Ladies and Gentlemen,
On behalf of the Comité International de Dachau and the Dachau Camp Association, may I say how pleased we are to see you here today. I welcome Bernd Sibler, State Secretary in the Bavarian government, the representatives of various diplomatic missions, local authorities, religious denominations and political parties as well as former comrades, especially camp survivors of many different nationalities.
The year 2013 is replete with anniversaries, although few of them are of the type that one would really wish to commemorate: it is 80 years since the Nazis came to power and the Reichstag was burnt down, 75 years since Kristallnacht, 70 years since the uprising in the Warsaw ghetto and its suppression. And 80 years ago, on 22nd March 1933, the Nazis opened their first concentration camp here at Dachau. Just days after it received its first batch of prisoners, some of them were already being tortured and killed. These acts of violence and murder were committed with impunity, and the inmates were totally subject to the whim of their captors.
But that was just the beginning of a process by which more than 200,000 people from all over Europe were brought to Dachau and its satellite camps to be deprived of their liberty, tortured and exploited. Approximately 41,500 people were to die at the hands of the murderous Nazi regime during the twelve-year period that Dachau and its satellite camps were in existence. We must never forget.
Sadly, it is the case that we need not look back exclusively into the past to remind ourselves of such crimes and injustice, but that we are still confronted with similar examples in the media almost on a daily basis. It is shocking that a small group of neo-Nazis could escape the attention of the security agencies over a period of years and carry out a series of assaults and murders without being apprehended. Even now, a full 80 years after Hitler came to power, current events in Germany show that the extreme right-wing still draws the inspiration for its dehumanising acts of violence from Nazi ideology.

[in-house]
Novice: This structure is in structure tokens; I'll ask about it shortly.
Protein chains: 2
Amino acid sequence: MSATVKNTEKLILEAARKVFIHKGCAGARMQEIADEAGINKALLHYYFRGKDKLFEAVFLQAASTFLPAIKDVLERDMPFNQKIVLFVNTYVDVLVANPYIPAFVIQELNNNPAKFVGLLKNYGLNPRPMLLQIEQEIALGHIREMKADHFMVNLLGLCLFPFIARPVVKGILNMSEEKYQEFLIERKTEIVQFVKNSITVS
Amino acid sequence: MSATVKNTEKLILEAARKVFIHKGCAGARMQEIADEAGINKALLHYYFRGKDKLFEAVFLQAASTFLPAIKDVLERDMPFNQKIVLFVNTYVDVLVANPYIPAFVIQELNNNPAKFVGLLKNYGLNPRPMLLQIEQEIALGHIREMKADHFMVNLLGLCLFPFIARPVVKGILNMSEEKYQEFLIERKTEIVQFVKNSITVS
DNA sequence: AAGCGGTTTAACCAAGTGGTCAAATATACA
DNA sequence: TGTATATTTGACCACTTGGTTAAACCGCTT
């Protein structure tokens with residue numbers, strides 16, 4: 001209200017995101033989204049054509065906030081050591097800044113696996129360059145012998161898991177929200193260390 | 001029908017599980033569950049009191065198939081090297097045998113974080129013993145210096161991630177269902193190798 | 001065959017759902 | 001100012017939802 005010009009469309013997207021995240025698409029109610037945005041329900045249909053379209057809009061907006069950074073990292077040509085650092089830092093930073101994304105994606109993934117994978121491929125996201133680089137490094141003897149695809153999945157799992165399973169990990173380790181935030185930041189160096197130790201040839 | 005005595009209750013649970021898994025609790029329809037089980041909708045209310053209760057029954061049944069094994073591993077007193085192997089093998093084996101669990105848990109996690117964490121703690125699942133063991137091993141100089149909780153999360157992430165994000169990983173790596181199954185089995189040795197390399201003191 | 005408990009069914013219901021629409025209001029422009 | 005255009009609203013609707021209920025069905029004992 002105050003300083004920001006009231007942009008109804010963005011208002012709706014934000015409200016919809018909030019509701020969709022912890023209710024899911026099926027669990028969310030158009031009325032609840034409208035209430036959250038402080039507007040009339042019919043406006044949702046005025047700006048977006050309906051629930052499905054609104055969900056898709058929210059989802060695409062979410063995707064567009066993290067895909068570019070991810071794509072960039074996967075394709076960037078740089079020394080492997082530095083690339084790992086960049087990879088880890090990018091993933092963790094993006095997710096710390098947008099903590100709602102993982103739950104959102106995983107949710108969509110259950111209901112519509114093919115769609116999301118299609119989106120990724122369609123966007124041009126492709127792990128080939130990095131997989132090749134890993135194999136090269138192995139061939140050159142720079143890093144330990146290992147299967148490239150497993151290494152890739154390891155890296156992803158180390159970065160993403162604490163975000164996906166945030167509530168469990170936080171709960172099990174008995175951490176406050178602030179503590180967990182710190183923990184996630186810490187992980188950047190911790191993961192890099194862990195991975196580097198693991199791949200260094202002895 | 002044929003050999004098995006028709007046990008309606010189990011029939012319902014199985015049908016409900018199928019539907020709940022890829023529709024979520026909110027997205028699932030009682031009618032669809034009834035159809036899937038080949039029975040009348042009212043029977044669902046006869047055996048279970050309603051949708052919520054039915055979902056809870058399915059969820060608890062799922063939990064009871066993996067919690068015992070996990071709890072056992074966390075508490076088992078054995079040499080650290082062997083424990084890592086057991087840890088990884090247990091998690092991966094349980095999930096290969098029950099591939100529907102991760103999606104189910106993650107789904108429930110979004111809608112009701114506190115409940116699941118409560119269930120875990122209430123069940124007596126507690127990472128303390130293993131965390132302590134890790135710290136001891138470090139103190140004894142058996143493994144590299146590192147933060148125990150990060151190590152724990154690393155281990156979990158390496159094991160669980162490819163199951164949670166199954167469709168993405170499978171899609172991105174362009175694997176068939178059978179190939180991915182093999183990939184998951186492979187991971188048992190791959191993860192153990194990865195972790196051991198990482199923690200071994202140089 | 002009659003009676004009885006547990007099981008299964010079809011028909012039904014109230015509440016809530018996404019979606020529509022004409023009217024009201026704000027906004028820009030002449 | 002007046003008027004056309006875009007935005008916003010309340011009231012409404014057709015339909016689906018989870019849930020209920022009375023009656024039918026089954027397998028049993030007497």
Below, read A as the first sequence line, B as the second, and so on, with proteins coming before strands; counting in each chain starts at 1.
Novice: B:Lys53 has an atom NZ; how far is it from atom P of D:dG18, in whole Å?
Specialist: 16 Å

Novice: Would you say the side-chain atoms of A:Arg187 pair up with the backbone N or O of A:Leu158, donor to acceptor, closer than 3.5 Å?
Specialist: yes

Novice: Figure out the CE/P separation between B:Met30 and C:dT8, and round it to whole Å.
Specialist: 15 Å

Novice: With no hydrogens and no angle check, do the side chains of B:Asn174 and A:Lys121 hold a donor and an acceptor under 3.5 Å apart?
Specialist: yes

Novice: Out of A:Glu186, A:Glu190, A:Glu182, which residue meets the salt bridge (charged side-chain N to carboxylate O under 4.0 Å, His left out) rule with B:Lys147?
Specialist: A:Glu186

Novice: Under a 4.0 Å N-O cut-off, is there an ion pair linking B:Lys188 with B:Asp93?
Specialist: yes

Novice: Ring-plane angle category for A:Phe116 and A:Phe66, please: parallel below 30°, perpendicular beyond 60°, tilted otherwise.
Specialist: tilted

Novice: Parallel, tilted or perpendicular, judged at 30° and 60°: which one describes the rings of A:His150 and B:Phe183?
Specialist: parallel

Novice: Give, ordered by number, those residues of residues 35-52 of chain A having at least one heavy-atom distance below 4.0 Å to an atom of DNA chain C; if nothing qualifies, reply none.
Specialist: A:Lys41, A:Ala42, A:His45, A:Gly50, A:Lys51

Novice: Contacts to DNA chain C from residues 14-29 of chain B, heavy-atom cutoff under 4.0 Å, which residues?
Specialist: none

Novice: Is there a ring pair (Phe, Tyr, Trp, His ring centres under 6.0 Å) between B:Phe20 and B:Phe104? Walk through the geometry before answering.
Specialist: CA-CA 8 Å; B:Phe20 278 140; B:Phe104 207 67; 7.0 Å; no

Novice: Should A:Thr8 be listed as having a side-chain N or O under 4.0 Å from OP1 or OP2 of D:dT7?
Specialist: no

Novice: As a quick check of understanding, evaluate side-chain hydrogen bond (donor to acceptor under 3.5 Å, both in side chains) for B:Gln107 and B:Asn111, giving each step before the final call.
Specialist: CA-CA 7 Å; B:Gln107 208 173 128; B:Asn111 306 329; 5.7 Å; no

It is incomprehensible to me that the NPD, whose aim is to establish a state based on the Hitlerian model, is still not prohibited by law. I call on the federal government to create the conditions under which the defeat of such a move in the Federal Constitutional Court is not repeated. With the NPD continuing to function and to receive state funding based on the number of votes it receives, the taxpayer is effectively financing an organisation which actively seeks to undermine our democracy.
Bans and arrests would certainly be in order, but even a response such as this would not be enough to tackle the underlying pathological ideologies. We have seen how, even in our prisons, it is not possible to prevent the formation of fascist gangs.
We cannot rely on our politicians to counter right-wing slogans, incitement, rallies, violence and terror. This is a duty that falls on all of us. Today, no one has the old excuse of saying "I didn't know what was going on" or "That doesn't concern me". We have a collective responsibility to ensure that we live in a society that respects human values.
We cannot duck the question: "What can or must we do to prevent our vulnerable young people from being led astray by a destructive creed?"
I do not claim to know the answer either.The ranks of the survivors have greatly thinned. That makes it all the more important to be proactive in maintaining our tradition of remembrance, reminding the present generation of past mistakes, protecting our freedom and upholding the rule of law.